C++ Case/Switch Statement Warning


If you are a programmer of any kind, you are most likely familiar with the Case/Switch statement.  This is simply a way in programming for you to do different things depending on the value of a variable.  For example..if your working with a variable named abc.  You might want to do different things depending on what the value is.  The long way would be to put down a long if/else statement to deal with each potential value type.  The easy way is to use a simple switch/case statement.  No matter what language you are using, this will come into play at some point.

If you are using PHP a switch/case statement might look like follows:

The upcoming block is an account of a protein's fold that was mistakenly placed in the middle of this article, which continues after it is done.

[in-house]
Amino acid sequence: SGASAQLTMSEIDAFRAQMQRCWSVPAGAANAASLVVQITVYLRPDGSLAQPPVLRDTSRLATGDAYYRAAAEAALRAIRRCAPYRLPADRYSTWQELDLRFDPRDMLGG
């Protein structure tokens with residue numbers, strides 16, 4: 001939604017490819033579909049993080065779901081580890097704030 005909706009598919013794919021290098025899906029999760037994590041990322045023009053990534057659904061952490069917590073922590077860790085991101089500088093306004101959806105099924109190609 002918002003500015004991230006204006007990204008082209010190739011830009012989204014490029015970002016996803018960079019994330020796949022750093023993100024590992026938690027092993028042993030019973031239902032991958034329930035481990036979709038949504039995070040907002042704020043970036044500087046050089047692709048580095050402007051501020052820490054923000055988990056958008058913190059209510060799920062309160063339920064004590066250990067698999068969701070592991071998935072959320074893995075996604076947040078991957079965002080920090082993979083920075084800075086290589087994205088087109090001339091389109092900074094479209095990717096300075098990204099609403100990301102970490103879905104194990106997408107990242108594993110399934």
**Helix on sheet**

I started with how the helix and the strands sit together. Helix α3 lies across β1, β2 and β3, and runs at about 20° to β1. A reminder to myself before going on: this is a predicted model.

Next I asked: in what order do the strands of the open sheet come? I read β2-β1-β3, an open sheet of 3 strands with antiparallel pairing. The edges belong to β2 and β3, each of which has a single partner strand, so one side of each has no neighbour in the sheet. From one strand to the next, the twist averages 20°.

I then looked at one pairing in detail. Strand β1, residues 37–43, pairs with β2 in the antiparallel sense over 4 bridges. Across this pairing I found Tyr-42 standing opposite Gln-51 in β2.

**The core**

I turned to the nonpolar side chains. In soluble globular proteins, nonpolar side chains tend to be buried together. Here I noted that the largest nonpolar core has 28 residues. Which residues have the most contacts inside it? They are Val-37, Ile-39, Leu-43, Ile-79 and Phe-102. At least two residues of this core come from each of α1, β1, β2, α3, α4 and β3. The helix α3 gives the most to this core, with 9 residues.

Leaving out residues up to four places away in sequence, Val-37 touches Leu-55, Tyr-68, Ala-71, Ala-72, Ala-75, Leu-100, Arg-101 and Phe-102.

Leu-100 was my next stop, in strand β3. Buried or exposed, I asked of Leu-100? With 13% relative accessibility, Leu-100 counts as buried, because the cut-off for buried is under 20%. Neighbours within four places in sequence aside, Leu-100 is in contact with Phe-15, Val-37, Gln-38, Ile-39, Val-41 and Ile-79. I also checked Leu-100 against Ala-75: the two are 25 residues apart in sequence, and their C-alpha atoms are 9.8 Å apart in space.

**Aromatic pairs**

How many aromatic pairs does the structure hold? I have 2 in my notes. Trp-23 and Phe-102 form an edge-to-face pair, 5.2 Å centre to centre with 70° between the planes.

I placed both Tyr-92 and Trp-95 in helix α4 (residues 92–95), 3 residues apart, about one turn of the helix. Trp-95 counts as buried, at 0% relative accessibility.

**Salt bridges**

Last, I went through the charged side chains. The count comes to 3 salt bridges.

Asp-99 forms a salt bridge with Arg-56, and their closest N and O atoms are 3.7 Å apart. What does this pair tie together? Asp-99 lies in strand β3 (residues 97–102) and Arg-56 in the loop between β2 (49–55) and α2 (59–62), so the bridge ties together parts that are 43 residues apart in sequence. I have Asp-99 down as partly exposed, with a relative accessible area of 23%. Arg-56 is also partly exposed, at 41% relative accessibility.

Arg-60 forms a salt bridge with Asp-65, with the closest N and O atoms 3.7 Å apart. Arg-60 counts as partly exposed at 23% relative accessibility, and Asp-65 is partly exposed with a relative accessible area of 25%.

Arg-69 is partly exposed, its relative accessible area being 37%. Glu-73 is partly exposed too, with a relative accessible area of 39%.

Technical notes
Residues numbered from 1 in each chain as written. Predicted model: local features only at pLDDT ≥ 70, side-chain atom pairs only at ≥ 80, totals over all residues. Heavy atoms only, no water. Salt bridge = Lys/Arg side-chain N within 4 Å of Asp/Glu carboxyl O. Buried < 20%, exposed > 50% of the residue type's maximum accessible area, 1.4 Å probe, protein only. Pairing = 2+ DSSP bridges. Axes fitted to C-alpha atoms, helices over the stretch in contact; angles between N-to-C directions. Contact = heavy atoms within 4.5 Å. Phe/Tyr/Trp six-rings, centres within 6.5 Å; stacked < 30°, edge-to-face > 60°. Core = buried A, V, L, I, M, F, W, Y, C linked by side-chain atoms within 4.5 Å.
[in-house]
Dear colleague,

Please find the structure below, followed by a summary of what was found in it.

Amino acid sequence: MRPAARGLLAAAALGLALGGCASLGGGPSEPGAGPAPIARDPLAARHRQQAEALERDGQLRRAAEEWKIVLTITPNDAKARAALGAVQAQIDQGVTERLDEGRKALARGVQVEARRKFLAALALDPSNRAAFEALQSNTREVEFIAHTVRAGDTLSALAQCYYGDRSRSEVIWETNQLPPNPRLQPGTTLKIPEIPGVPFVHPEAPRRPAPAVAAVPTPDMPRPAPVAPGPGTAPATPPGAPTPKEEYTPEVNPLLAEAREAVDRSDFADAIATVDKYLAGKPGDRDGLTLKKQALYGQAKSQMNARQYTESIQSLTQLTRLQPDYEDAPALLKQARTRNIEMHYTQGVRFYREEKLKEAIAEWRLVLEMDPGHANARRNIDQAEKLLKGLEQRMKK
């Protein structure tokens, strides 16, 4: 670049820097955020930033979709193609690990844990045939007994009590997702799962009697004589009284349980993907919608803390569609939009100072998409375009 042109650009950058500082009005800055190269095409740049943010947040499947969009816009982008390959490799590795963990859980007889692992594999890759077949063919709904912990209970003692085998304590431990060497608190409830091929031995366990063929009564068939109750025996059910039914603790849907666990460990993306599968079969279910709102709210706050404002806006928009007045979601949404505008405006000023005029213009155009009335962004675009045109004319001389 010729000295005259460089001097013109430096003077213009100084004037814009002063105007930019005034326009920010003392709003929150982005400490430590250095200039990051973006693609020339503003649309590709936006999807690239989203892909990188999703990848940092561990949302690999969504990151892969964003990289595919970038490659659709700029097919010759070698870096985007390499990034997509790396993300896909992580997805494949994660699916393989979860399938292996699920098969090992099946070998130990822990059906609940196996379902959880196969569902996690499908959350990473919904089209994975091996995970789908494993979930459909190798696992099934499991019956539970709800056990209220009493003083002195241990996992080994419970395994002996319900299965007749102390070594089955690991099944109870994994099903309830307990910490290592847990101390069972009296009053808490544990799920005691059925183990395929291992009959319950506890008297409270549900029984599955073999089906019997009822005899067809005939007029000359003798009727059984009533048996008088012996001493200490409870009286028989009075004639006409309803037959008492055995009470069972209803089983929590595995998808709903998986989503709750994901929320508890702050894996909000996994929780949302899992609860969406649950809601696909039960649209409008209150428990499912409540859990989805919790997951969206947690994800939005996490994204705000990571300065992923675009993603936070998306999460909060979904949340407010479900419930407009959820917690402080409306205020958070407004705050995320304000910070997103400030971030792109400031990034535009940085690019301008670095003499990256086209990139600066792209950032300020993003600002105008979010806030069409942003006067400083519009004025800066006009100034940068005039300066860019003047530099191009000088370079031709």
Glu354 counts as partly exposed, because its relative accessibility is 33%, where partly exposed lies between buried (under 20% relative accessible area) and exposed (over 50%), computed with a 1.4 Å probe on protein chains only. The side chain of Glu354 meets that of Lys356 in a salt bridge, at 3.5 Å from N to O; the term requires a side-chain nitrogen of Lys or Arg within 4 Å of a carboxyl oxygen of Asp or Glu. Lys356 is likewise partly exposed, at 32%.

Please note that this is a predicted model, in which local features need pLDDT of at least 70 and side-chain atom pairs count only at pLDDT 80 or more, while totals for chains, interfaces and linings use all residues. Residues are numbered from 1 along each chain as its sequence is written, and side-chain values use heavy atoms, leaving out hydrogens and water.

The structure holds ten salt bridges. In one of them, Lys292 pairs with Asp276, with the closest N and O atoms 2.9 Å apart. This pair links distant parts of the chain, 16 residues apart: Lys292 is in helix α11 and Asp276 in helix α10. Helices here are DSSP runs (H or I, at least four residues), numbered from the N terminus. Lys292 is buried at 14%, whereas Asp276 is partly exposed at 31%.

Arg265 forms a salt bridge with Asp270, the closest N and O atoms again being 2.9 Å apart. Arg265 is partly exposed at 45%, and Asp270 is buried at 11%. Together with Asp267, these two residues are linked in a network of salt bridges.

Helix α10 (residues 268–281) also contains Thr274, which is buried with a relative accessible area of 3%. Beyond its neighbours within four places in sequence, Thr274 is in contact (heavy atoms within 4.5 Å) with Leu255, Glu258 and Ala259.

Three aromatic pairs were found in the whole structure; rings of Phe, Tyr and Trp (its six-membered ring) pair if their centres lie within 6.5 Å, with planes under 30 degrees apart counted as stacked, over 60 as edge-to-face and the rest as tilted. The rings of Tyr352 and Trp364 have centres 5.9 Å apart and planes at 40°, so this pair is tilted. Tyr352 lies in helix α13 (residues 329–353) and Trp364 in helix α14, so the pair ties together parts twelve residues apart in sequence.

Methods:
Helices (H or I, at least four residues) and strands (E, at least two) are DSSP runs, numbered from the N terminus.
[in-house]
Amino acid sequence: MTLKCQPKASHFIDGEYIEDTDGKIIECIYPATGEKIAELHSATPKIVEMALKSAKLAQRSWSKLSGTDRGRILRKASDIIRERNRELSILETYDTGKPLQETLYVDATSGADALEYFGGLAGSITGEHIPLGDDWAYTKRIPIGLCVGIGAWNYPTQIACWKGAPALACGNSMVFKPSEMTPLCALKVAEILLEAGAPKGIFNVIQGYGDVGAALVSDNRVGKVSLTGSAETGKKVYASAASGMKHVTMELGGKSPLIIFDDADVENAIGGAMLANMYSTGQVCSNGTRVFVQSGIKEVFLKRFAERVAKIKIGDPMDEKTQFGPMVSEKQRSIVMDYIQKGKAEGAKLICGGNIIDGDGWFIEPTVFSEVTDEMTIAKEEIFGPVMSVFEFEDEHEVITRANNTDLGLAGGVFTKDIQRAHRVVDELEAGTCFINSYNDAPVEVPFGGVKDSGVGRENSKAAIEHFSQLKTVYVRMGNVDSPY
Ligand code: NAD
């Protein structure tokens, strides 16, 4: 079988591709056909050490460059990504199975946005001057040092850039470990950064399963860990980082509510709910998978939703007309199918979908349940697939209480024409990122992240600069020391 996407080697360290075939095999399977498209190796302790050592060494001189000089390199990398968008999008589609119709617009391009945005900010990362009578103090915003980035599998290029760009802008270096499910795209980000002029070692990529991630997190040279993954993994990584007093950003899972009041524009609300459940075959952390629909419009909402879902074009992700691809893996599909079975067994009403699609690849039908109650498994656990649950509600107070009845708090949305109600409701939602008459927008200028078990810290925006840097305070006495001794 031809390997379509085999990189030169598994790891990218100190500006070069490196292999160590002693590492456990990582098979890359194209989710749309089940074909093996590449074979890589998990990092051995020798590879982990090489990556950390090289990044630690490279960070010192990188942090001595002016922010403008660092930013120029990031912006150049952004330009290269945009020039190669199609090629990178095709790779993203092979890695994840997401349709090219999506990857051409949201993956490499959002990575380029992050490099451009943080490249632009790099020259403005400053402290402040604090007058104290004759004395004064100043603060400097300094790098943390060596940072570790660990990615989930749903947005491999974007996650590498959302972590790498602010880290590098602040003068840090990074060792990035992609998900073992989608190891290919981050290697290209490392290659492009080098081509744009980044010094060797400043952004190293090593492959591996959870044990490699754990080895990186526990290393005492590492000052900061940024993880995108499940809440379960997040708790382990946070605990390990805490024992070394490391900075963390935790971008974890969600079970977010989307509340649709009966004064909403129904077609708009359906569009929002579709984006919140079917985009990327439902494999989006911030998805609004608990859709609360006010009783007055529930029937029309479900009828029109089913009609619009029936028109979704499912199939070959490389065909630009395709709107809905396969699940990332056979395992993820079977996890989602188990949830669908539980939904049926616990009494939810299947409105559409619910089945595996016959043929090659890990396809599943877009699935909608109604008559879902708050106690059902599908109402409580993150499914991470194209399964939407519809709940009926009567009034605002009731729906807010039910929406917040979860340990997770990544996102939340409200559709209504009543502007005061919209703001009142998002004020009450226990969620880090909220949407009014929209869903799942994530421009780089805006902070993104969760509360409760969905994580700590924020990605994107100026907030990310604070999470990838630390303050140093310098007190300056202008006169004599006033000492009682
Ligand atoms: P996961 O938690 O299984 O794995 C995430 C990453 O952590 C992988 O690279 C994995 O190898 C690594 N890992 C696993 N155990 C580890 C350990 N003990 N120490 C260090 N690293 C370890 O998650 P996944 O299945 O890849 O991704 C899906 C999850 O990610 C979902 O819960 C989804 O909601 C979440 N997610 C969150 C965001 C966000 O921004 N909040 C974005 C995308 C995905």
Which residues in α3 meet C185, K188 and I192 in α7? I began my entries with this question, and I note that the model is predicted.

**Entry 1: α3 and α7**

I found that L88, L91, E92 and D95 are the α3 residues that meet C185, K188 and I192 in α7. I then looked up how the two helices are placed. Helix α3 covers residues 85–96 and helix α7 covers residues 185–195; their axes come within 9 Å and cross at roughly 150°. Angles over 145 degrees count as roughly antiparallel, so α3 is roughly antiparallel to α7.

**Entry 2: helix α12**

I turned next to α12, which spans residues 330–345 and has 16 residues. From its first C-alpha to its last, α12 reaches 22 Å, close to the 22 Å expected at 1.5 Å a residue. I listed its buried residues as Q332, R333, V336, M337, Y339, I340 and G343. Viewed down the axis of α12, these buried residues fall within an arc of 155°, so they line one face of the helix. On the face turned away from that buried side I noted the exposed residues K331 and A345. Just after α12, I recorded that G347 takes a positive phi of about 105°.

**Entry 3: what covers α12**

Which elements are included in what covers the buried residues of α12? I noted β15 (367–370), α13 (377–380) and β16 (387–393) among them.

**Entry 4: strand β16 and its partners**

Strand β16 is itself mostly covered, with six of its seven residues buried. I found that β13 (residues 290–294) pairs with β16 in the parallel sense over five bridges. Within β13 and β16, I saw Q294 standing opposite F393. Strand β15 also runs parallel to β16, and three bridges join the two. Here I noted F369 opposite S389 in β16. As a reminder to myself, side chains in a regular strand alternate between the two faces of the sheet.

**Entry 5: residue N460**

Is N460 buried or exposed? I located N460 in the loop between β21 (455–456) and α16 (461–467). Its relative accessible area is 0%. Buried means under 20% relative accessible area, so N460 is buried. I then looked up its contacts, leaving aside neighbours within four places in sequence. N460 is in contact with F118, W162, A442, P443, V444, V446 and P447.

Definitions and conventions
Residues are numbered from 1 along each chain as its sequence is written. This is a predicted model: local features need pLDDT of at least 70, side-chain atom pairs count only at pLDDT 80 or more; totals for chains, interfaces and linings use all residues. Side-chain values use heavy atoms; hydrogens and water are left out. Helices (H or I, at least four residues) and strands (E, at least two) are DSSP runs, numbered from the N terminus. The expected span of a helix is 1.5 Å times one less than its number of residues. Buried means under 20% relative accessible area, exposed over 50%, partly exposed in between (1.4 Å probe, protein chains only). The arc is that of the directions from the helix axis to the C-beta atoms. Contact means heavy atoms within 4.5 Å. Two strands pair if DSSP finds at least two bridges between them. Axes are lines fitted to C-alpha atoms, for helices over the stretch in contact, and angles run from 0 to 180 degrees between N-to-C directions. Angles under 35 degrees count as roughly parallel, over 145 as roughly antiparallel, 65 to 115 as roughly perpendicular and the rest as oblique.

$variable = 'test';
switch($variable) {
  case 'test':
  // do something
  break;
case 'test2':
  // do something
  break;
case'test3';
  // do something
  break;
}
?>

That is very simple.  It’s quite similar to JavaScript, but with a little different syntax.  Now here is the tricky part.  I don’t know every language out there. However, quite a few of them have the same type of structure of Switch/Case statements.  Then suddenly C++ throws you a loophole.  In working with C++ it’s just about the same as PHP.  Except for one strange thing. If you initialize a variable inside of a switch/case statement you have to use brackets around each interior case when you are initializing a variable. Just something tricky that I had to figure out with a lot of trial and error.

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